Captive Care Notes: Desert Minnows (Dionda, Family Cyprinidae)

Devils River Minnow (Dionda diaboli) are maintained by the Texas Parks and Wildlife Department in a pair of outdoor artificial stream systems designed to study the minnow's life history requirements and competitor-prey interactions with other fishes (G. P. Garrett, pers. comm.). Living in each system are other fishes that naturally occur with the minnow: Manantial Roundnose Minnow (Dionda argentosa), Texas Shiner (Notropis amabilis), Proserpine Shiner (Cyprinella proserpina), and Tex-Mex Gambusia (Gambusia speciosa). The other system is identical except for the addition of nonnative Smallmouth Bass (Micropterus dolomieu). Each system comprises six 350-gallon tanks connected by raceways to form a 2500-gallon pool-and-channel simulation of spring runs and first order streams. Water is recirculated, flowing out of the last pool into an adjoining building containing pumps, heaters, and chillers. Water is chilled in summer and heated in winter to dampen natural temperature fluctuations. The systems are unfiltered and self-sustaining, with natural growths of algae, invertebrates, and planktonic foods. Limestone rocks and native plants from San Felipe Creek and Devils River provide cover and habitat. The systems are up and running for about six months before fish are added in order to let natural nutrient recycling and biofiltration take place. Spawning occurs in the pools.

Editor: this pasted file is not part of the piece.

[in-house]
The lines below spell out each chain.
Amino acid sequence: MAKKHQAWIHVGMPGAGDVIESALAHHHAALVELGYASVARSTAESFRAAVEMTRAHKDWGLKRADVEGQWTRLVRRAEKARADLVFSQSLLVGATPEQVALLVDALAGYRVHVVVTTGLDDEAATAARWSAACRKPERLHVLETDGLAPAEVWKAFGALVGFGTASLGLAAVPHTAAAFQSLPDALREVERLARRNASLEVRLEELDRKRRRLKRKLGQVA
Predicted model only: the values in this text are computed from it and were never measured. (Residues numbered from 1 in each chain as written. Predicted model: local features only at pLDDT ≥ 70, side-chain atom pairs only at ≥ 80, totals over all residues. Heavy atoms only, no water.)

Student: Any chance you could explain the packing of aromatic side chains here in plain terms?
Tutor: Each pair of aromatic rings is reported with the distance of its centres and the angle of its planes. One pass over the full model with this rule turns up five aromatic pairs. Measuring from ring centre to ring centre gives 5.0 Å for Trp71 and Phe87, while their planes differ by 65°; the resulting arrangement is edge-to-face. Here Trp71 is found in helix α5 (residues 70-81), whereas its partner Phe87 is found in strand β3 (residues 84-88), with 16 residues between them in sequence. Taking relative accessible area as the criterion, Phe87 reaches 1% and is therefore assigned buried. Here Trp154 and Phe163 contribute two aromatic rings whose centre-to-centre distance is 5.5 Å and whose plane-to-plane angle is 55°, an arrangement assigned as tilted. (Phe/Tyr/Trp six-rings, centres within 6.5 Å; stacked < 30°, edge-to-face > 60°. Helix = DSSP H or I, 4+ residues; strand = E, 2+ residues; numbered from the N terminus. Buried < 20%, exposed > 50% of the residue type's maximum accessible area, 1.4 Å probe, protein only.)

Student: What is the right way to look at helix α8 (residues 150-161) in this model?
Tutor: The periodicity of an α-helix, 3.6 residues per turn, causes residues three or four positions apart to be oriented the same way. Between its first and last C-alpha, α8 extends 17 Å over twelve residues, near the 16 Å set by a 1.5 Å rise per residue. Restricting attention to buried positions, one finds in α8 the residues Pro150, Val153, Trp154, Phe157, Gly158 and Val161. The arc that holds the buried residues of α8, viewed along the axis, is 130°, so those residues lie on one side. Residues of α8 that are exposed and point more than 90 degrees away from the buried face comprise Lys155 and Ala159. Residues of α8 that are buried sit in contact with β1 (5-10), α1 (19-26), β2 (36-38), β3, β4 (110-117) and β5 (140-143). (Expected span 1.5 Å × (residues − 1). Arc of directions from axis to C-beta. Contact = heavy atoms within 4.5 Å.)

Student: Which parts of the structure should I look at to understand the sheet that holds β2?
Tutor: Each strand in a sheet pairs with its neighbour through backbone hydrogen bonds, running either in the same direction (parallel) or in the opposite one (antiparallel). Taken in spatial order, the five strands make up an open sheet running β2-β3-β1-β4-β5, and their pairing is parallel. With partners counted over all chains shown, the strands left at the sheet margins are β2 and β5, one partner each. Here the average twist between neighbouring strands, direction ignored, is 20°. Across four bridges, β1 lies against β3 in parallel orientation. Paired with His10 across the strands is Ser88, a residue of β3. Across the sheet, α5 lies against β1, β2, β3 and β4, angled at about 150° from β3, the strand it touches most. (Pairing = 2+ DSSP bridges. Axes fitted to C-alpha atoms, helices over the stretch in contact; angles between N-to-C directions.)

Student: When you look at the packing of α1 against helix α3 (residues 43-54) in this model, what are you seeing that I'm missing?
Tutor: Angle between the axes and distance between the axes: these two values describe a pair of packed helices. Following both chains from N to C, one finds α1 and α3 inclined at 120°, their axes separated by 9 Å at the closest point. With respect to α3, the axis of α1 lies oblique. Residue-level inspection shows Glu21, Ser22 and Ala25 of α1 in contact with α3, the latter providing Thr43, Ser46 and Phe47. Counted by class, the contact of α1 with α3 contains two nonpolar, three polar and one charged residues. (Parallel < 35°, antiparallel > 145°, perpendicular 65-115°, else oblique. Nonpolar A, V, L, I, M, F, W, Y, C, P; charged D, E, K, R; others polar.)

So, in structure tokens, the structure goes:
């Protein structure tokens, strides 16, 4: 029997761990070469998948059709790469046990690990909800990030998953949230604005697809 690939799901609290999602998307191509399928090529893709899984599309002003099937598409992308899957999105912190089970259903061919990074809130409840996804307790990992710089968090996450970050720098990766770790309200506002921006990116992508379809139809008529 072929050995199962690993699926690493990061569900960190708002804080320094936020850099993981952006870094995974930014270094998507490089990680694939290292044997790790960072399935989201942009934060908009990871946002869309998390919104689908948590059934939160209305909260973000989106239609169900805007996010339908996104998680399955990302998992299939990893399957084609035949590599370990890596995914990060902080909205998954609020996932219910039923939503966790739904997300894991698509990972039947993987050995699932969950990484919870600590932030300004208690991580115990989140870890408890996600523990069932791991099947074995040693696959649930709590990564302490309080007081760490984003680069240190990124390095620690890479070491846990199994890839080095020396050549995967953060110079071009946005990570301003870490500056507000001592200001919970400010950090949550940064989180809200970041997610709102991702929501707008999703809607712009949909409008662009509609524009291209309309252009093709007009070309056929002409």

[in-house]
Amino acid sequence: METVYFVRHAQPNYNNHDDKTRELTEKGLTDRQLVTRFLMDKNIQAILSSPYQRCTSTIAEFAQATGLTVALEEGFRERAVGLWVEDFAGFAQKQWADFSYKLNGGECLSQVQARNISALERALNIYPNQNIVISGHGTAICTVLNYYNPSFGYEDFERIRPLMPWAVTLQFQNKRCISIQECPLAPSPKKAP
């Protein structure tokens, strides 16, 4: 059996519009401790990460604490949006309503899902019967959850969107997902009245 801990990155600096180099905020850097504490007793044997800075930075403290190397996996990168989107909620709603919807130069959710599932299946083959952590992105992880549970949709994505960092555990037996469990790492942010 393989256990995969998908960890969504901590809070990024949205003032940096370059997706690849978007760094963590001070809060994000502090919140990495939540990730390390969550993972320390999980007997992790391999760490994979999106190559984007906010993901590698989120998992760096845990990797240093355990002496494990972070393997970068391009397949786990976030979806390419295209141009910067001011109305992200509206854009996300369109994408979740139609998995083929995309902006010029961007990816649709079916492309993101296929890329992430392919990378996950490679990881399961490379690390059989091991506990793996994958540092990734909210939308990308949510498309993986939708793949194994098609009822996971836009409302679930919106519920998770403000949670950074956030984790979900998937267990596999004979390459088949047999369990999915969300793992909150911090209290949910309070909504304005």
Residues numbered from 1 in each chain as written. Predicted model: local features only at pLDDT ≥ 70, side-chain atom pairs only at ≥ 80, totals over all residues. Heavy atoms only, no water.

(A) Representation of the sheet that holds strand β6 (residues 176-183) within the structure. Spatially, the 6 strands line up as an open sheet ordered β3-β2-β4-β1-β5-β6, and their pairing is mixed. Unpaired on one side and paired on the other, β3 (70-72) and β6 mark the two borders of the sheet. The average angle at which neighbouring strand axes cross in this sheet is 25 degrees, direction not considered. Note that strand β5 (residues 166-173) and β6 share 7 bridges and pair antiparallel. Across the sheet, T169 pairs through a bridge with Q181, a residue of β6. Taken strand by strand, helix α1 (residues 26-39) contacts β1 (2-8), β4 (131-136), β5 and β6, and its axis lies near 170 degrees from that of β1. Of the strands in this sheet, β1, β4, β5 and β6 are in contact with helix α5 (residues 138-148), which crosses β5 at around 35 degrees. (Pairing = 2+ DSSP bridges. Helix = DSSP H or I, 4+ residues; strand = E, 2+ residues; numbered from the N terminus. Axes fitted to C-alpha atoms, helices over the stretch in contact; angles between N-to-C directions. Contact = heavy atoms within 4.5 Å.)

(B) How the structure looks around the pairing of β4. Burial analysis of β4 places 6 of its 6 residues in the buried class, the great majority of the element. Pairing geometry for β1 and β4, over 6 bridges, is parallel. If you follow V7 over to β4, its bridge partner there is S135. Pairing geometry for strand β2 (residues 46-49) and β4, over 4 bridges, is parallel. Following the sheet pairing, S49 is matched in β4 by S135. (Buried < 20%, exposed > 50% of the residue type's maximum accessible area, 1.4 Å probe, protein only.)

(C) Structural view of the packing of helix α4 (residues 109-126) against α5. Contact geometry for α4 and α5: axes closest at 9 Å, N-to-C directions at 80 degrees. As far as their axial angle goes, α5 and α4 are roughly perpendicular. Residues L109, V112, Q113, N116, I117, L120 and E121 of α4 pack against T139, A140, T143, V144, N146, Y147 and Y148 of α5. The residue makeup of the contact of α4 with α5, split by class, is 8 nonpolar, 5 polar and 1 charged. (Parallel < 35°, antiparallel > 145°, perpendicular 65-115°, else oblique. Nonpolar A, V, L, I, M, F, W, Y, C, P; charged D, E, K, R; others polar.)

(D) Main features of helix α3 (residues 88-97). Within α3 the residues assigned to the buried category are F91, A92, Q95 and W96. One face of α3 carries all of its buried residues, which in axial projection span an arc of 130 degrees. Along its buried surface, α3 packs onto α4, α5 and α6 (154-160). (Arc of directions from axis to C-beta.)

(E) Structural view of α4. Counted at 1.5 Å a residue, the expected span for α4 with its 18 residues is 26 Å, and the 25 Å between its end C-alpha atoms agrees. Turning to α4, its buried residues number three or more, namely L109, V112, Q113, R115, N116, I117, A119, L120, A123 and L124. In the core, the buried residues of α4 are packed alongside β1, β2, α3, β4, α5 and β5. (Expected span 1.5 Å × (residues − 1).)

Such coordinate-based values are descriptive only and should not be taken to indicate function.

Efforts to spawn the Devils River Minnow in indoor aquaria at San Marcos National Fish Hatchery in San Marcos, Texas, have met with some success. Here about 20 minnows are placed into a recirculating system that's similar to the one above, but much smaller (about 100 gallons). Replicable propagation techniques are still being developed (J. N. Fries, pers. comm.).

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